Swimming is good for the body. It is a very effective full body work out. It exercises the legs. It exercises the arms. It exercises the core. Yes that’s right, the core. The core of your being, where your life force comes from. Where you derive your energy and appetite for life, love and lusciousness. You get all that from your core, did you know that? Well you do. So there. Swimming is also a communal activity. It is something that can be done together, and it needs to be provided for. The swimming pool has to be built and maintained. It needs to be produced. And when something is produced we learn something, we learn about the means of production. Interesting. Interesting. 


It is a communal activity, or at very least it can be, so it is something which can be provided communally, something which could be collectively funded and there for all. Like parks or health care. Or, of course, it could be privately funded and be the privilege of the privileged. Swimming pools and swimming have long played a role in how we perceive our societies. Any large thing that can be enjoyed communally provides an opportunity for states to provide, and where there is an opportunity to provide, there is an opportunity for propaganda.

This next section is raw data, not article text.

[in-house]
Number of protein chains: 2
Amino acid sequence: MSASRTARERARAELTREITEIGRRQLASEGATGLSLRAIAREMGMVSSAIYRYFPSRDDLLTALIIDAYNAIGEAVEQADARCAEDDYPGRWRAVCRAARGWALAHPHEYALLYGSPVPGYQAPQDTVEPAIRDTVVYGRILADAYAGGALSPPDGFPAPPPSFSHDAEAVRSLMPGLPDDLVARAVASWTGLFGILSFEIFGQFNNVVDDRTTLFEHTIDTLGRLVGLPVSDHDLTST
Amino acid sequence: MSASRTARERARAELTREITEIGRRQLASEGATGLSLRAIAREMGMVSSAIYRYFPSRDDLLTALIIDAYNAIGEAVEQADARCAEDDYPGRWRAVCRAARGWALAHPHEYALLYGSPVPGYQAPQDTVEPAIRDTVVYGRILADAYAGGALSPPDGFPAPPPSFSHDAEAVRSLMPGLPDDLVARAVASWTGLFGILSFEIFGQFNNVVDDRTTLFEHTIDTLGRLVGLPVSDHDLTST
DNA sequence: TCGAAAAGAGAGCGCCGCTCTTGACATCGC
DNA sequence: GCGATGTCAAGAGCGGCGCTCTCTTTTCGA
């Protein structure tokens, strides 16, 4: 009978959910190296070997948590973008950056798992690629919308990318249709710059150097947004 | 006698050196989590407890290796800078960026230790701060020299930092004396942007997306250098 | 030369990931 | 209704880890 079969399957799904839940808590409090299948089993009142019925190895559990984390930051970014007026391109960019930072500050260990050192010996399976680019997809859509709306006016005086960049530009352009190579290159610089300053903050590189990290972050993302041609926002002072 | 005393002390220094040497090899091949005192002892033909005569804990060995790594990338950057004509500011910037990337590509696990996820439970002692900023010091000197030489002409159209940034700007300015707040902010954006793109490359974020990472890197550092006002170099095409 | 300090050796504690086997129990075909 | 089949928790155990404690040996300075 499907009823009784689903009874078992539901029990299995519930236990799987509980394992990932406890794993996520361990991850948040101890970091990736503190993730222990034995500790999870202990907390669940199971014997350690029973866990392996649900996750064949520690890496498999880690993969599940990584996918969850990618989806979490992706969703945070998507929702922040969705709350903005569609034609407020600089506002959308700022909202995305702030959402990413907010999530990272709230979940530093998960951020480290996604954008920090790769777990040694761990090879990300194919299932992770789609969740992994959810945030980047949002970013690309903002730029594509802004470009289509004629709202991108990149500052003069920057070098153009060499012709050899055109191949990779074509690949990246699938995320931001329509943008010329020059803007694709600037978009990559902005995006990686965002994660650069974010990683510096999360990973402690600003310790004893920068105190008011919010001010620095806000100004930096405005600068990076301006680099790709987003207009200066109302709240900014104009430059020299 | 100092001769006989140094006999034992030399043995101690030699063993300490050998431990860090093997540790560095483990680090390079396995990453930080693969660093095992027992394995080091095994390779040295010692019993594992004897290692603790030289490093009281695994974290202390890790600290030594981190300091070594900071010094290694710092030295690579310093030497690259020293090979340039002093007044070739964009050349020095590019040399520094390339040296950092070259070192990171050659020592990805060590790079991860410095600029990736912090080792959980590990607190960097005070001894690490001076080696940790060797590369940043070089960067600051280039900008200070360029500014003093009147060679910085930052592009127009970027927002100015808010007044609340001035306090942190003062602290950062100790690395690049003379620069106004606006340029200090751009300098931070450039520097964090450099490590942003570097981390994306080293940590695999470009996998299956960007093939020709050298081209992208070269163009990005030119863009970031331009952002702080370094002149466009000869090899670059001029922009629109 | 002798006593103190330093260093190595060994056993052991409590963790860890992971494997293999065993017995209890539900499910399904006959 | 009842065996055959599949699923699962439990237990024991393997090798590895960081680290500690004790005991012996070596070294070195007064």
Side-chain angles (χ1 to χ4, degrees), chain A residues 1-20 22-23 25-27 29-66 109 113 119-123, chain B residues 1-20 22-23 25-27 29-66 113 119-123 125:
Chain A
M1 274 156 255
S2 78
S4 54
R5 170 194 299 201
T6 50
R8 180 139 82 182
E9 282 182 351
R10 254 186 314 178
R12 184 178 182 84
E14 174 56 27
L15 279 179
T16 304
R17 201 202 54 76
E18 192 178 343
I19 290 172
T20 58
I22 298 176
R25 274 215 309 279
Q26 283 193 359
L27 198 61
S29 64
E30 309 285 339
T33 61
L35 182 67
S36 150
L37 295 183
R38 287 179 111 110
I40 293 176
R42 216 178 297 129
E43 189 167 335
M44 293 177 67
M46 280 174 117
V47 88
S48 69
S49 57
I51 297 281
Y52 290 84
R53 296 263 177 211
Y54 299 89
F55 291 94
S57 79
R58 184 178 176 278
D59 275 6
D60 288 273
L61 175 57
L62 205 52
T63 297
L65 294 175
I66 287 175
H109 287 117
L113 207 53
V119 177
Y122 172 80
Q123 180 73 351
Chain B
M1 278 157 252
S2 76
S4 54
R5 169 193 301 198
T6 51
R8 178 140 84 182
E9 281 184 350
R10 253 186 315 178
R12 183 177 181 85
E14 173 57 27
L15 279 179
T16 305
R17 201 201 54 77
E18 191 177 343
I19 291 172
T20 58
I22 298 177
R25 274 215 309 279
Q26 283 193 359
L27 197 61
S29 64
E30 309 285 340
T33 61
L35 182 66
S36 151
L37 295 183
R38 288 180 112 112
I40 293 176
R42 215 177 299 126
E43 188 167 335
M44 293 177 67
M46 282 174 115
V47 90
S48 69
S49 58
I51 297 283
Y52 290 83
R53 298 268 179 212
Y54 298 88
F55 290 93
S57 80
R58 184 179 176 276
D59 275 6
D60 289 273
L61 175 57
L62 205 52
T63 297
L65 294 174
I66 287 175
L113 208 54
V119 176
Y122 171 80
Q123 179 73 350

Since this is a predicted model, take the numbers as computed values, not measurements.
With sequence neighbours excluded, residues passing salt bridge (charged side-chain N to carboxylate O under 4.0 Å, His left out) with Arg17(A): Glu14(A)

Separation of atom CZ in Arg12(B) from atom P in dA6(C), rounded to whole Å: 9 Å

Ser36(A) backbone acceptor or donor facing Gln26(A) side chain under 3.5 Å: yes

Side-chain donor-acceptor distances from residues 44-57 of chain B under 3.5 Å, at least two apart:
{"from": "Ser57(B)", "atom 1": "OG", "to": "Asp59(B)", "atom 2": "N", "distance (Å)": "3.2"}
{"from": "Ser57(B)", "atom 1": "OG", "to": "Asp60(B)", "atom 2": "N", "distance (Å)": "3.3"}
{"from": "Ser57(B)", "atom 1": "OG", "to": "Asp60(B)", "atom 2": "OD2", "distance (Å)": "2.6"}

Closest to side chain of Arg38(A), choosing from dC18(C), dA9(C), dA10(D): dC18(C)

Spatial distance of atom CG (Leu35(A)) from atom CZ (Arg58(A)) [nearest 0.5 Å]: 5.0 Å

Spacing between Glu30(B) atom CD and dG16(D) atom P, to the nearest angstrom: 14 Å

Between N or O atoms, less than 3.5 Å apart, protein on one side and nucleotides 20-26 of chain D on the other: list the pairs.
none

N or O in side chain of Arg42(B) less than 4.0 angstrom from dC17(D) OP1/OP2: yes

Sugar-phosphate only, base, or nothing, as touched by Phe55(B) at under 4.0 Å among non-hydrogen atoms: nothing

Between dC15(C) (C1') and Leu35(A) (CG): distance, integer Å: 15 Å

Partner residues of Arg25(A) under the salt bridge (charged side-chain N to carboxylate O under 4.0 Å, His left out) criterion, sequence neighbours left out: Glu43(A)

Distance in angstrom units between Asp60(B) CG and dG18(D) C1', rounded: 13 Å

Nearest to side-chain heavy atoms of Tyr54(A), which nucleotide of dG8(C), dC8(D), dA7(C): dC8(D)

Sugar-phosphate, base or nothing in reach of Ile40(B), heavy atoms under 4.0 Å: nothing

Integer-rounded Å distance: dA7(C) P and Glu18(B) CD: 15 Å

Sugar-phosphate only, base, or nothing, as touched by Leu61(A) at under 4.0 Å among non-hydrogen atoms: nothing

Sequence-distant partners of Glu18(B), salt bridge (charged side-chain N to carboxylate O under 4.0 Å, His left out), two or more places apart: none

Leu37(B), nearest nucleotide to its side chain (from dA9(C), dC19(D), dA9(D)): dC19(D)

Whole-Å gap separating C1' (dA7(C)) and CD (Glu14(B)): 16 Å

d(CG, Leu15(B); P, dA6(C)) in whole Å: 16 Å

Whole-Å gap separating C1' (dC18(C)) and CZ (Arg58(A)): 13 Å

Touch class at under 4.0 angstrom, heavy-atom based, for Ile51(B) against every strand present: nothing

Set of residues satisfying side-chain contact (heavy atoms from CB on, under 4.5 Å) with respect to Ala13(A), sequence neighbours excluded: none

Municipal Swimmin pools are often grand center pieces which are tributes to a cities ambitions and its successes. It is the communal nature of how we enjoy swimming pools that make empty and abandoned swimming pools look so sad.


Swimming pools are not built in a day, and they are not built carelessly, and they are built because there are a lot of people there to enjoy them. So when one lies abandoned and empty something has happened to those people, all those people. That picture is so sad: you feel like the swimming pool was this guys dream, he dreamed of it being full of people happily swimming together, and now it is empty and derelict. Perhaps they are dead. I feel I’m witnessing the victory of brute force and cynicism over romance and joy. Dragged from the pool, dragged from each other, we return to work and home, return to separation, and we believe that we are alone again.


And what’s the dream? What dream are we promised to get us back into work and away from the pool? That one day, one day, you might hit the big time. You will make millions. You will be the special one. You’ll get the corner office and the mansion with the cars and the helicopter and, of course, always, the pool.

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Then you can swim around in your pool. On your own. Or maybe with just your friends. And never with others, never ever with others. You could get Paramount Pools to design you you’re very own pool that looks just like you wanted it to look. I mean, you probably will never be able too afford such luxury. But what would you rather: accept your place as part of the collective and enjoy the swimming pool? Or gamble on the chance that you might get the luck of being the special one? Why wouldn’t you gamble? The only reason would be if you don’t think you’re special. Are you scared? Are you scared to compete? Oh no, oh no no no no no.


You’re not special and that’s fine.

The highest prizes will only be what you already could have had but without the social ties. That’s not better. That’s worse.